March 2022

Back to Issue 11

Morning, Trail

By Gemma Parker

It is time to wake after a night on a sinking mattress, the cold earth grabbing at her bones like arthritis. The zip shrieks twice, once to let her out, and again to close up against the dawn. She does not want anyone to wake. Six a.m. is not for answering questions.

The path leads quickly into the bush, a straggling line of ochre that is flanked by mallee gums and scrappy melaleuca bushes, patchy with large rocks. She kicks at them, thinking that this is the ground she slept on. Rough enough. The path climbs upwards, and she can feel the damp heaviness of the night in her face, behind her eyes. She pulls the woollen beanie over her ears. Back at the campsite there is an owl that hoots constantly, like a feathery metronome. Here there is nothing – silence. The long night matters less, here, but it is still stiff within her, creaking as she climbs.

The trail loops around to run across the ridge of the range. The rolling hills have been smoothed by coastal winds like pebbles in surf. It’s all low scrub up here – tough, drought resistant plants with spiny, scratchy foliage. There is a dull ache in her neck. There are wildflowers up here, too, little prickles of colour against the rocky brown earth. The bright star of native bluebell. The lemony buds of false boronia. Spiny mallee bush peas blooming amber and blood red. Even the samphire has long thin green leaves that spin purple at the tip; and the cassia bushes bubble with fierce yellow cups. The virtue of rain. She did not bring any water – she wanted to have free hands to swing as she strides, unfettered, along the crest of the hill. She catches sight of the ocean – a snatch of hazy salt-blue splaying out from the plains to the west. The morning smells of wet clay.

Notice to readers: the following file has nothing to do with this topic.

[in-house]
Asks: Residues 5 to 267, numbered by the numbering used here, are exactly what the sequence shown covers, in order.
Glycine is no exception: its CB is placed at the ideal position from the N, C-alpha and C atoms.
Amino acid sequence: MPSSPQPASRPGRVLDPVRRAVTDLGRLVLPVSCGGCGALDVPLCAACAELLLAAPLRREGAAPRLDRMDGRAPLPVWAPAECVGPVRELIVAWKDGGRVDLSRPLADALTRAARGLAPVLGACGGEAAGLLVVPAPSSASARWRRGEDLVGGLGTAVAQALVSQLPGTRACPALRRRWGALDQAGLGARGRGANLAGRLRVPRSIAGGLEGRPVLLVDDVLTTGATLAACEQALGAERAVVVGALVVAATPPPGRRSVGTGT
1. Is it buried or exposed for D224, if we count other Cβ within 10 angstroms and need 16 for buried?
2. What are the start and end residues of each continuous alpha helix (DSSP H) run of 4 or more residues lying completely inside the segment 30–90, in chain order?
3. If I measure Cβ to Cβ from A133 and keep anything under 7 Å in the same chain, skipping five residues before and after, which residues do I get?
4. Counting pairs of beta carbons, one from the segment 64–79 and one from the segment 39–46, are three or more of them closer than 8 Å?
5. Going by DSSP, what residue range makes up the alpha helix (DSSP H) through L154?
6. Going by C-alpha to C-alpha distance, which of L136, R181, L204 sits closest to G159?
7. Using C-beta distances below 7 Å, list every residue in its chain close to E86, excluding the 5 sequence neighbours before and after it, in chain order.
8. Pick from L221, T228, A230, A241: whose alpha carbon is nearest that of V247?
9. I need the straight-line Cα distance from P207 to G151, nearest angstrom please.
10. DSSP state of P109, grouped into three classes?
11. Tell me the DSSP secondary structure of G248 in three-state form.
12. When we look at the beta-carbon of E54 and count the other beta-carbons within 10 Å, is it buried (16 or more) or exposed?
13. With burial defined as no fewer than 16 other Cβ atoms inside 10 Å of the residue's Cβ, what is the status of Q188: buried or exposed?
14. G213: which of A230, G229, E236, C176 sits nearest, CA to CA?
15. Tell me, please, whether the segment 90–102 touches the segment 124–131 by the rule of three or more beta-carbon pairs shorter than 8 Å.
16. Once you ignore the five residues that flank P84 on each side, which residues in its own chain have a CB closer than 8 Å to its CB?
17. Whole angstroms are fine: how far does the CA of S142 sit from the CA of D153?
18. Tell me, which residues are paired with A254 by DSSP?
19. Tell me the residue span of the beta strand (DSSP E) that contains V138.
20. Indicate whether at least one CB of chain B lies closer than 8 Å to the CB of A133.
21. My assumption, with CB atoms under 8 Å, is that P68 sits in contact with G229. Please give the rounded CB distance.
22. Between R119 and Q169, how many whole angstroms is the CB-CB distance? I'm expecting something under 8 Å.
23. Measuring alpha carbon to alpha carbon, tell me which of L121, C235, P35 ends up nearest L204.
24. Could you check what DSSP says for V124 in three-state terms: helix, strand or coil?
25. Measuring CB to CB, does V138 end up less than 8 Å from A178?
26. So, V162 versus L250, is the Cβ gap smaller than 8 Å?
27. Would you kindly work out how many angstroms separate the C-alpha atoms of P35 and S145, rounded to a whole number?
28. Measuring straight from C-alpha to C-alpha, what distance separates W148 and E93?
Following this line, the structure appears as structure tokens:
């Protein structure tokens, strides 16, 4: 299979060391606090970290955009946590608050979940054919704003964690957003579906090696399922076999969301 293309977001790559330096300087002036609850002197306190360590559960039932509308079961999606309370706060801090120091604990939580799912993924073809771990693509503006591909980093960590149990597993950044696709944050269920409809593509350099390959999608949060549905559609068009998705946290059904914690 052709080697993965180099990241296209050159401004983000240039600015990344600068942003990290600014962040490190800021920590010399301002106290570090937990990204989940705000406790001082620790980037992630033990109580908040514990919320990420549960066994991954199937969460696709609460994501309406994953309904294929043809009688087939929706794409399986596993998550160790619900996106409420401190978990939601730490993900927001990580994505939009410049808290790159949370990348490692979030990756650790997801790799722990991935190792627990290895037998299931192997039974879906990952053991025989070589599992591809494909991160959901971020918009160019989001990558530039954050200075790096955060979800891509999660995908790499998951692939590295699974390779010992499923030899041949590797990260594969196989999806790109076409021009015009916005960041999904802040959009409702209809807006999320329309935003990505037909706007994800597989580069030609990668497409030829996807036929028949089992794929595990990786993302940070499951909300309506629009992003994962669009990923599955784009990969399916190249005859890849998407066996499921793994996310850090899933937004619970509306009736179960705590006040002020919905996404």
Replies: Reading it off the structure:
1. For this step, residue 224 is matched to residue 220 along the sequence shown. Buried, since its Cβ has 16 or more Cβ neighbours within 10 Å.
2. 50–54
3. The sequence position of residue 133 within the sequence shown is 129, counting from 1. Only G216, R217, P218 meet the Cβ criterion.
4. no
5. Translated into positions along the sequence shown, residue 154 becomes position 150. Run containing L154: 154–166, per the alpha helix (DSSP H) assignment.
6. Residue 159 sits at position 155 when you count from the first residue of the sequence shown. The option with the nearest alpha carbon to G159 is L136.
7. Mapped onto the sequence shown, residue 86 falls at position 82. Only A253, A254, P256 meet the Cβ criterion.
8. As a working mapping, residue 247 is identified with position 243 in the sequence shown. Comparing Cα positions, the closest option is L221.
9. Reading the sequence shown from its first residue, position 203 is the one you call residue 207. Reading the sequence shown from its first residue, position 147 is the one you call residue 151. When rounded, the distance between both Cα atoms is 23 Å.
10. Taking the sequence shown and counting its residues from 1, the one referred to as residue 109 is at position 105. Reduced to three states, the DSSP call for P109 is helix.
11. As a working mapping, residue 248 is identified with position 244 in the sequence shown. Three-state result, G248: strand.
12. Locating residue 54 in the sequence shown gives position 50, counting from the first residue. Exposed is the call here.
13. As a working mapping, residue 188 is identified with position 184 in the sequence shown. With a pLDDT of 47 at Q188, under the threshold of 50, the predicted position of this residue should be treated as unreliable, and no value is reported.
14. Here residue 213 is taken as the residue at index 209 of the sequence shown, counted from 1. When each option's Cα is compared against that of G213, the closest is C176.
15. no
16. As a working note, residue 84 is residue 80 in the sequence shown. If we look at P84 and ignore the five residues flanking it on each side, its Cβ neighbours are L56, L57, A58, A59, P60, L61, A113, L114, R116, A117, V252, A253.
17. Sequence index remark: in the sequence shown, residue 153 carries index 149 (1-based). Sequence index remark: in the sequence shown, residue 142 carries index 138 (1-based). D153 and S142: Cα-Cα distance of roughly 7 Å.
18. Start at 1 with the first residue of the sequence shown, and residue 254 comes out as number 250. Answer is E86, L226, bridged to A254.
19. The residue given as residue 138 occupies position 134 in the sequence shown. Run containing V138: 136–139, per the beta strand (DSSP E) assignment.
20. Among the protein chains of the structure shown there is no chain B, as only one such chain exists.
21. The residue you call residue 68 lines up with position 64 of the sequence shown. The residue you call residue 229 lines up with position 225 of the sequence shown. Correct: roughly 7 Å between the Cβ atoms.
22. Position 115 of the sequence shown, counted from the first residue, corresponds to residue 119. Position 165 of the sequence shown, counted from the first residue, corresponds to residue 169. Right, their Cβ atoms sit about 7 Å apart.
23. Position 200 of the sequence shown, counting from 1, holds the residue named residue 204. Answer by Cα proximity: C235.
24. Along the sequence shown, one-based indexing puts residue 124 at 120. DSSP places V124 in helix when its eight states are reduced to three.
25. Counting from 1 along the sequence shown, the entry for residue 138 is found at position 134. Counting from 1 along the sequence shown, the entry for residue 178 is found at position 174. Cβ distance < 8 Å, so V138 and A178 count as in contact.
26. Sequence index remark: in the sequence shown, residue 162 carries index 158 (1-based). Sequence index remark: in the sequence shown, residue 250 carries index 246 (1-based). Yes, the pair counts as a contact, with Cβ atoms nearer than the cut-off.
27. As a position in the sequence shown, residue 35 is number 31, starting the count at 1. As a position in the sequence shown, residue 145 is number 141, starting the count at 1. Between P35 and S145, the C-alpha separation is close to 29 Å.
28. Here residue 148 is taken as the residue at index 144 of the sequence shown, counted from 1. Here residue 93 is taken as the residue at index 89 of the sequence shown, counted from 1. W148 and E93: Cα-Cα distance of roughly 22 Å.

They took a hike as a family the day they arrived, a short loop around an old homestead guided by information panels scorched by the long, hot summers, the paint buckled and cracked like old parchment. The day was cold and dark. Heavy clouds hung low above the patchy paddocks, blown in by strong winds and threatening rain. “It’s creepy,” her son said mulishly, stopping on the track. Her daughter pointed out a pet cemetery on the faded map and he shook his head, refusing to go further. One information panel explained that the area was originally leased as “waste lands of the crown”. Barren, miserable plains, the early colonists wrote. The final information panel had been obliterated by the sun, and was simply a mounted rectangle of bleached paint. It was almost beautiful as a map of cracks, with hundreds of streets of grey criss-crossing the panel where the paint had shrunk, the larger slabs looking like tiny parks, or lakes. In the bottom right-hand corner there was a very faint remnant of a roundel. She could just make out the words “fatal”, “pastoral” and “despair” bleached between the cracks.